U.S. rice acres will be down substantially from last year as the nation’s rice producers battle weather extremes—drought in California and flooding elsewhere.
For all practical purposes, the nation’s rice is planted. Rice planting is right on schedule or ahead of the five-year average in California, Louisiana and Mississippi, but lags in Texas, Missouri and Arkansas. Rice has been slow to emerge in Texas, where only 85% of the crop had emerged as of May 31, compared with the five-year average of 99%.
While flooding in Texas has been anything but funny, some county agents have started to joke that some producers will soon be planting one-minute rice if there isn’t enough time to grow it based on delayed planting, said Dawson County AgriLife Extension Agent Gary Roschetzky in a recent news report. While Texas is not a large rice-growing state, its rice-growing region is just south of Houston, an area of Texas devastated by heavy rains in May.
Flooding has also been an issue in the country’s top rice-producing state of Arkansas. Nearly half of the nation’s rice is grown in Arkansas, and some growers are still waiting for fields to dry out enough so they can plant.
“We got a lot of rain this spring,” says Chuck Wilson, extension agronomist and rice specialist with the University of Arkansas. He expects the state’s rice plantings to come in about 50,000 to 100,000 acres less than last year’s 1.27 million acres.
“As far as the rice that’s come up, we’ve had some flooding issues,” said Wilson. “The rivers are near, at, or above flood stage, and we’ve had some rice go under water. Those producers are now deciding whether to replant, but the water’s still rising.”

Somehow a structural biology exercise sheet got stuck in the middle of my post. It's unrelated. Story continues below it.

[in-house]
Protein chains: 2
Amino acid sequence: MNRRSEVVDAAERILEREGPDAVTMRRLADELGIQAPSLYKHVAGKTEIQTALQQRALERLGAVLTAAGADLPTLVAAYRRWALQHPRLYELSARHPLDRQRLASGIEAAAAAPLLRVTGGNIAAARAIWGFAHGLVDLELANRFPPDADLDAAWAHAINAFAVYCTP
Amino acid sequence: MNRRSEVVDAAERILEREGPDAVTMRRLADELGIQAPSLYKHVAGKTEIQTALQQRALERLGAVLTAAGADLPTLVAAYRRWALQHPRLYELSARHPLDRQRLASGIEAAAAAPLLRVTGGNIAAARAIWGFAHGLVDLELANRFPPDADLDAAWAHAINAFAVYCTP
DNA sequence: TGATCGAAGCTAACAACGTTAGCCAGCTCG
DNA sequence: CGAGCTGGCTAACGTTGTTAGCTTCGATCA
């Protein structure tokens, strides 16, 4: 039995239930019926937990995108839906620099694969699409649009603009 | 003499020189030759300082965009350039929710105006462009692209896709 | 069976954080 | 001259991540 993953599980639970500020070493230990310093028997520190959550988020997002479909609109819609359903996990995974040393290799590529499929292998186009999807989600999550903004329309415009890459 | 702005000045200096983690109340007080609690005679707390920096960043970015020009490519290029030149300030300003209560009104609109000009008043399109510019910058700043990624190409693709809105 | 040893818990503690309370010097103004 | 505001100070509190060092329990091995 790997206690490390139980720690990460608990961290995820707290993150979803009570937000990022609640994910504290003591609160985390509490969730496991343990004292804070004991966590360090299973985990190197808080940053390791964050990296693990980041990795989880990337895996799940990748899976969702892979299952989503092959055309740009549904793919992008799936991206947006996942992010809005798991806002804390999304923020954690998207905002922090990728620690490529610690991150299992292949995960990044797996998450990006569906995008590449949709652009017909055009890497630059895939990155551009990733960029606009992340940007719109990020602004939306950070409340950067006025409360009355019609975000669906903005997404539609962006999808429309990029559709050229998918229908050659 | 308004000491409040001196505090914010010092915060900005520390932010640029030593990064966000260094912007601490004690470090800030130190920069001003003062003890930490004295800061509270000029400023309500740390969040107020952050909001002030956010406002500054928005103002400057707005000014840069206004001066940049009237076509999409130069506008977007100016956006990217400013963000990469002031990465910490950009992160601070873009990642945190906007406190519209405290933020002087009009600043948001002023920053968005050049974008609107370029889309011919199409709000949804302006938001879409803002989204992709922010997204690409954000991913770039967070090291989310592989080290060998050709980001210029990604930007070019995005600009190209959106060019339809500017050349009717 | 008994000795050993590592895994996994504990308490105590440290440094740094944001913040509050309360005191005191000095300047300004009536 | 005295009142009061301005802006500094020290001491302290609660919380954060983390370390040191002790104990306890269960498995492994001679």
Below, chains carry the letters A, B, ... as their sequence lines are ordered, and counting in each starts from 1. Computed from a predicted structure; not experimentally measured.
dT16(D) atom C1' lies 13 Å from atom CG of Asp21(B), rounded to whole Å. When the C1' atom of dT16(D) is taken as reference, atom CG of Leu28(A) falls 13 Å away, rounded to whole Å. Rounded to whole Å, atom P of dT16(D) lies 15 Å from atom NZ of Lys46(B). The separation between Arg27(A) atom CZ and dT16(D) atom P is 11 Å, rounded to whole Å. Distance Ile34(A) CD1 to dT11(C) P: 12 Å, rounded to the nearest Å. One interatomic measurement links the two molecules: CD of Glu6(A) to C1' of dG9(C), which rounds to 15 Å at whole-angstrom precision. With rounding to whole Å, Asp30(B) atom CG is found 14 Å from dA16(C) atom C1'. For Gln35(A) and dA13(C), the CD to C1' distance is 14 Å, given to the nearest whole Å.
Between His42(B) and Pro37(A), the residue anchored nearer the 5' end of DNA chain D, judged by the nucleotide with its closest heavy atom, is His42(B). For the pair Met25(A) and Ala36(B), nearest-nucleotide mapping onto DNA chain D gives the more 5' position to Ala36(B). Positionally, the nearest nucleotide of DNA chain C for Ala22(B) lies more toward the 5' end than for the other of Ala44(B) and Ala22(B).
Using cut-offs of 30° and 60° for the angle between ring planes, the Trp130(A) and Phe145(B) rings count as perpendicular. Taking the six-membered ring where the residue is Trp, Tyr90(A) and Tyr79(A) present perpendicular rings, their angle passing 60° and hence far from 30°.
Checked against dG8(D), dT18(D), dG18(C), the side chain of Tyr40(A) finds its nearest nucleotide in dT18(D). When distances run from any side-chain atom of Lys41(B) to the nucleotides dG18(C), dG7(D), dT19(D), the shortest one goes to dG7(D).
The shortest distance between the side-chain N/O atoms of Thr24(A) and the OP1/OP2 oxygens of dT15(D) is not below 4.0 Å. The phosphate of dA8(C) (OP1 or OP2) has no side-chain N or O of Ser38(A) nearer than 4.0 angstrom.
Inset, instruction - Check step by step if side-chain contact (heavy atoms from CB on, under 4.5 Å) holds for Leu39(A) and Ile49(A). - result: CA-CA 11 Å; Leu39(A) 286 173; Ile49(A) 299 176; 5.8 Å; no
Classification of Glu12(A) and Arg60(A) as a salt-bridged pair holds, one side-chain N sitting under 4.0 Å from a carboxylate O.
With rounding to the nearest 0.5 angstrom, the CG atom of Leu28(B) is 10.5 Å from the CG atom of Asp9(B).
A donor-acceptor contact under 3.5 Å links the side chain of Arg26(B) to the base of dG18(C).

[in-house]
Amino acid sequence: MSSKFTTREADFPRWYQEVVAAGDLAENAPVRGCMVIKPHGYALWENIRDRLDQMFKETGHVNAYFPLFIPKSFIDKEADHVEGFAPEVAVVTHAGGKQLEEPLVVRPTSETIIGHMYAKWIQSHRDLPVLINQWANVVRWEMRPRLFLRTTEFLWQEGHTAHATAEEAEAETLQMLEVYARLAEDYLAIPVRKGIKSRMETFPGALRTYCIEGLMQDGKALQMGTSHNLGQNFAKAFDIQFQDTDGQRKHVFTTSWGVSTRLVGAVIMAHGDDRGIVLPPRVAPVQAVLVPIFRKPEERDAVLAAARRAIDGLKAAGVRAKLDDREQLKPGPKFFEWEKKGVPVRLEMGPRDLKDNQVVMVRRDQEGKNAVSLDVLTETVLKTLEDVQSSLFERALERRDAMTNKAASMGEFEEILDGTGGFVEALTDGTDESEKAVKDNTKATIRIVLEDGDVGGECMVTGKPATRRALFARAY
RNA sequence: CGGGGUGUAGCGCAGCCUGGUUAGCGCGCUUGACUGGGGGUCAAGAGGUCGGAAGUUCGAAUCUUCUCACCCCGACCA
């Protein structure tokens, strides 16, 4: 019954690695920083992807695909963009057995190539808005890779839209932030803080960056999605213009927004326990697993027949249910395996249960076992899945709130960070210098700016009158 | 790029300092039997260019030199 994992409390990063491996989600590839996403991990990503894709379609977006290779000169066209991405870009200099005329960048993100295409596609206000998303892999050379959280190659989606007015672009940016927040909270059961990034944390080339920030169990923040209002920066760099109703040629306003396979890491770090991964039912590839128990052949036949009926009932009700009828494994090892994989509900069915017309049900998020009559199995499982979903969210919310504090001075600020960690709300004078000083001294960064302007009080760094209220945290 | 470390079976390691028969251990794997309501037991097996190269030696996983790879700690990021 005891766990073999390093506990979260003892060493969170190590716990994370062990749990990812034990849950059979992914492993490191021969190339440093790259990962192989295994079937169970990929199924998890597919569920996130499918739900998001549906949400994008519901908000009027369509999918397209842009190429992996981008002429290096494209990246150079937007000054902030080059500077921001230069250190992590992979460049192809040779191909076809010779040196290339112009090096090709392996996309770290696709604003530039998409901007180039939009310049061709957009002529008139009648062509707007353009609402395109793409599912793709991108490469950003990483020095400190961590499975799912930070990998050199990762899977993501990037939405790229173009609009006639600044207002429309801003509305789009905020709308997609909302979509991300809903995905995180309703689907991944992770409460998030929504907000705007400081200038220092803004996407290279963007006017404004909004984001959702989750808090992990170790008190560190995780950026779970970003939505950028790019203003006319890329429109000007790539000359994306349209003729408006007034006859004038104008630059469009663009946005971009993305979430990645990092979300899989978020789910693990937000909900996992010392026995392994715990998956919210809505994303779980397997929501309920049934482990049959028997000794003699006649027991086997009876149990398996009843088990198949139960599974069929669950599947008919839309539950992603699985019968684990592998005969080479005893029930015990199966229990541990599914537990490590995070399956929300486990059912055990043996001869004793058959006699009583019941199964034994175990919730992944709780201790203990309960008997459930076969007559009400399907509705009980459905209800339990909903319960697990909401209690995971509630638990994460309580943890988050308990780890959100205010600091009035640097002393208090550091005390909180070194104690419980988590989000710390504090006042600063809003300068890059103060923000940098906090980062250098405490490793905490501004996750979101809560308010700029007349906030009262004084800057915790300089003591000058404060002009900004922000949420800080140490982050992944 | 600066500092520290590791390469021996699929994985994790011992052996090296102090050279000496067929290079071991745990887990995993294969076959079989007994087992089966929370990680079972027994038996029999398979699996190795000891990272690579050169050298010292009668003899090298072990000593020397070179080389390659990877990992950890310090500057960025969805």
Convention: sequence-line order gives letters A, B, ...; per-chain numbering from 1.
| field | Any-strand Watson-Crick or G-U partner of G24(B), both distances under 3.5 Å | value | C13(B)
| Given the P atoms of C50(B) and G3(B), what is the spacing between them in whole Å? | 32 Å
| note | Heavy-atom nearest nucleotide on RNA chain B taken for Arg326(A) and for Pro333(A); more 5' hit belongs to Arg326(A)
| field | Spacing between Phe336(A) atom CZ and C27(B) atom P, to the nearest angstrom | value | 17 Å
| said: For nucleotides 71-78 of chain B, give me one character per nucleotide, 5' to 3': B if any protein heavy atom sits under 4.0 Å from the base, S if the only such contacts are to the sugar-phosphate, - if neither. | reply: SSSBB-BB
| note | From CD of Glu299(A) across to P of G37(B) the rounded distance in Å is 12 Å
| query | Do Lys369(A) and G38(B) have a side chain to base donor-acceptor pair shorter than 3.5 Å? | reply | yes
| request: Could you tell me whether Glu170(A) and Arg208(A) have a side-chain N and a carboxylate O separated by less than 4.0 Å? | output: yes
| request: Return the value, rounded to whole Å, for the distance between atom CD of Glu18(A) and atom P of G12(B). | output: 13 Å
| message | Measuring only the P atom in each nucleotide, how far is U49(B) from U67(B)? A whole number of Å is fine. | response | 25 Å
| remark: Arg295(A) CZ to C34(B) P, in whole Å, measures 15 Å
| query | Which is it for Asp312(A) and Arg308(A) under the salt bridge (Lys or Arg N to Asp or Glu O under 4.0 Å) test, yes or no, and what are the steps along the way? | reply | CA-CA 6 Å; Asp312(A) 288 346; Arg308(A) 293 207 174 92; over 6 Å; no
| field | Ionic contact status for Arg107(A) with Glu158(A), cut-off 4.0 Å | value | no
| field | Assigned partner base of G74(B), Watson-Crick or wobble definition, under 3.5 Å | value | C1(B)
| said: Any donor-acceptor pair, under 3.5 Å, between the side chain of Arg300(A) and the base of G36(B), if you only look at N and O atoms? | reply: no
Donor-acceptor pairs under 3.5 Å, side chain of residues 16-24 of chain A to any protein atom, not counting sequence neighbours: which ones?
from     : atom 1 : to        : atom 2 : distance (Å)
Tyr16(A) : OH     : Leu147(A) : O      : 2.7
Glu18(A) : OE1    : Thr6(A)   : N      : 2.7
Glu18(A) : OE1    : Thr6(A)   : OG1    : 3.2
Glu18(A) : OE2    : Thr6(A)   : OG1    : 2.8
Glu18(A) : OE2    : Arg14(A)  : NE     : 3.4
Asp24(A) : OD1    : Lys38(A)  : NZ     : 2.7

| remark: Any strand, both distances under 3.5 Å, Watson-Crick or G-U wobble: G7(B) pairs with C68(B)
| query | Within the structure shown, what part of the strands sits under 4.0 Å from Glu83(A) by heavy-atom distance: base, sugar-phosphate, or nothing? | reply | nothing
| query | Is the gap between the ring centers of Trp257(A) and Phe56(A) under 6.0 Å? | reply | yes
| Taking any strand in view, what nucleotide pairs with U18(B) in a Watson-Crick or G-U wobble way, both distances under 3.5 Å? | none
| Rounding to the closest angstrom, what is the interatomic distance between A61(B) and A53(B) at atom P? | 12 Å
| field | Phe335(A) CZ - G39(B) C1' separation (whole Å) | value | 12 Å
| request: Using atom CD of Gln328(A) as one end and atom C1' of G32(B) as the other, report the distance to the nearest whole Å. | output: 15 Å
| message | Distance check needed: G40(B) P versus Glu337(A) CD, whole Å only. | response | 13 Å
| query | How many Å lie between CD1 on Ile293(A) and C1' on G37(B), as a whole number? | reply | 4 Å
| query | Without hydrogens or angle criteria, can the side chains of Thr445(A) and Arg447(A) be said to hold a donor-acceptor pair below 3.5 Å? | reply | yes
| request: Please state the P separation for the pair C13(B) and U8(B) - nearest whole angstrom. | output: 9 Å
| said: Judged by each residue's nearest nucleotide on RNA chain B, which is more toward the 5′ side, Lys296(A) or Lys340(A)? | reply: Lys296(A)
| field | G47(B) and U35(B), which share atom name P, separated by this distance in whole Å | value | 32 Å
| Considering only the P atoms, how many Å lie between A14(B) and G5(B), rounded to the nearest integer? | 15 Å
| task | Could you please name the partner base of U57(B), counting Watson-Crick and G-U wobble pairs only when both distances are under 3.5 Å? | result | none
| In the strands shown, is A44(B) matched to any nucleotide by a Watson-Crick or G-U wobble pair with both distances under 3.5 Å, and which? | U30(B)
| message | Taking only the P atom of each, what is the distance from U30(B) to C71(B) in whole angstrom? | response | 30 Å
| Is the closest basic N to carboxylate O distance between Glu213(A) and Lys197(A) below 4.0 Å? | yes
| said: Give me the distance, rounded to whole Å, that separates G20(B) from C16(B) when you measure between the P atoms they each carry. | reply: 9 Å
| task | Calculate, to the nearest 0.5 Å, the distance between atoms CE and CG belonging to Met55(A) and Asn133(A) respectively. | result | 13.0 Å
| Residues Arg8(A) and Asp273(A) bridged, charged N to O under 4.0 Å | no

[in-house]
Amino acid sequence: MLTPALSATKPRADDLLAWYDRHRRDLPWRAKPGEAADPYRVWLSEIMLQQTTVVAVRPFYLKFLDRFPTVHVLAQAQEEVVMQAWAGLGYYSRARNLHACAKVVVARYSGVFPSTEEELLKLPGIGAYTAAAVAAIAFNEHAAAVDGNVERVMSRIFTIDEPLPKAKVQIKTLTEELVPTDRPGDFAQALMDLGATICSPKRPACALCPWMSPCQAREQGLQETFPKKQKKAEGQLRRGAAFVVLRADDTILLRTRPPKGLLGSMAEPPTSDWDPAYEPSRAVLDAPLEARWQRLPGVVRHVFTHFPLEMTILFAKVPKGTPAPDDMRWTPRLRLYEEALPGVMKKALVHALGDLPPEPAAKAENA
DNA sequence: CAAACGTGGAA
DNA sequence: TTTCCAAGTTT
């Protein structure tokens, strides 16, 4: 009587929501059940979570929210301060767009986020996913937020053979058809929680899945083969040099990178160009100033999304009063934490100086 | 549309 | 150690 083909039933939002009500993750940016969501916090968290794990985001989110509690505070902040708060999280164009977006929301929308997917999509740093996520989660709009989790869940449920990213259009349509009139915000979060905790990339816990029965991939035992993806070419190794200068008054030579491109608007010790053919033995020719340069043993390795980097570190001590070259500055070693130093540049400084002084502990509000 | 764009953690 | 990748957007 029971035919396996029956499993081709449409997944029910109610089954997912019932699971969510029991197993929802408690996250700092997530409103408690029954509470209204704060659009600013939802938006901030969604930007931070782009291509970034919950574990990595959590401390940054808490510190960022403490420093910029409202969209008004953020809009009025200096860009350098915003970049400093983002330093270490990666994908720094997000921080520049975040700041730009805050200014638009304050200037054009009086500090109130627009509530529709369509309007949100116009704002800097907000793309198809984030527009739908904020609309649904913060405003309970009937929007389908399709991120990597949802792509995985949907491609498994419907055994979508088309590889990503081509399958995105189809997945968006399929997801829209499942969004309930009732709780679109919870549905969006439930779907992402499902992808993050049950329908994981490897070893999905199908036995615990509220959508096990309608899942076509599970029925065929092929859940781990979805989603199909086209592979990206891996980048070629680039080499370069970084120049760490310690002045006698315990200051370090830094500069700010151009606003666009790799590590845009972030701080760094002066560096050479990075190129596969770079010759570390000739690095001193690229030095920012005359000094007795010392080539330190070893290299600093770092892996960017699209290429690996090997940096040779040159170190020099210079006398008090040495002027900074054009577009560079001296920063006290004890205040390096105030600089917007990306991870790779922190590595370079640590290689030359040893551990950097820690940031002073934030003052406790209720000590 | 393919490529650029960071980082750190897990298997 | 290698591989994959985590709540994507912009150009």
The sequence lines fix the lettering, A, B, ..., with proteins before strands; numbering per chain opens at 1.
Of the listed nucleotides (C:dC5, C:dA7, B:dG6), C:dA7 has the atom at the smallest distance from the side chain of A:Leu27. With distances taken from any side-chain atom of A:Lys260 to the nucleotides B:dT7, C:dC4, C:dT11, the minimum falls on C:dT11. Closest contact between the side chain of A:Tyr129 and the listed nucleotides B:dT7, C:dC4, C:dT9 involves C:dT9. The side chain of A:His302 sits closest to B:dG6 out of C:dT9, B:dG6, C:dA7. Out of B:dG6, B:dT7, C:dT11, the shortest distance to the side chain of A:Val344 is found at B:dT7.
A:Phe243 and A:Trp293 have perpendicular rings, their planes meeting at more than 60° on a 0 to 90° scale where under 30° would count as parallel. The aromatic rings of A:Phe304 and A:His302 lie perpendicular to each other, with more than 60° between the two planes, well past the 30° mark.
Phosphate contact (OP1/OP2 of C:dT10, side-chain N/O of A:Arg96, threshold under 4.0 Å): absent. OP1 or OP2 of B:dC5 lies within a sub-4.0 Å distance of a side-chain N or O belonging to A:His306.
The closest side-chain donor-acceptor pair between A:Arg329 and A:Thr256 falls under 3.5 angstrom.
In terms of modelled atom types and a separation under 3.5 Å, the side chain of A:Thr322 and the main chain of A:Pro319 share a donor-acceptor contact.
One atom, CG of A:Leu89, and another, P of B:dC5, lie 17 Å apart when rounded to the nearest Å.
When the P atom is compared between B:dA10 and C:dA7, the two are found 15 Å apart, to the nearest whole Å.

Heavy rains in Texas, Arkansas, and southern Missouri have also brought more moderate temperatures, which have delayed growth in newly emerged fields.
“Every year there are issues,” Wilson said. “But overall, I think we are in pretty good shape in Arkansas.”
Meanwhile, Californians are praying for rain.
“There have been significant acreage reductions in the Sacramento Valley, where 97% of the state’s rice is produced,” says Jim Morris, communications director for the California Rice Commission (CRC). While this year’s official rice plantings are not yet in, Morris said last year’s plantings were down 25% from a normal year at 434,000 acres due to severe drought that has now gripped the state for four consecutive years. CRC expects another cut in this year’s rice acreage.
USDA’s latest estimate for California rice plantings was 408,000 acres. Morris is not sure how that will correspond to the final number, but he says the commission expects another year-over-year cut in the state’s rice acreage.
“USDA’s estimate came out before the final water allocations were made this year,” said Morris. The minimum water cutbacks this year in the rice-growing regions of California were 25%, but some regions were cut by 100%, noted Morris.
For instance, along the Sacramento River, some rice growers received no surface water allocations, while those with senior water rights received 75%.
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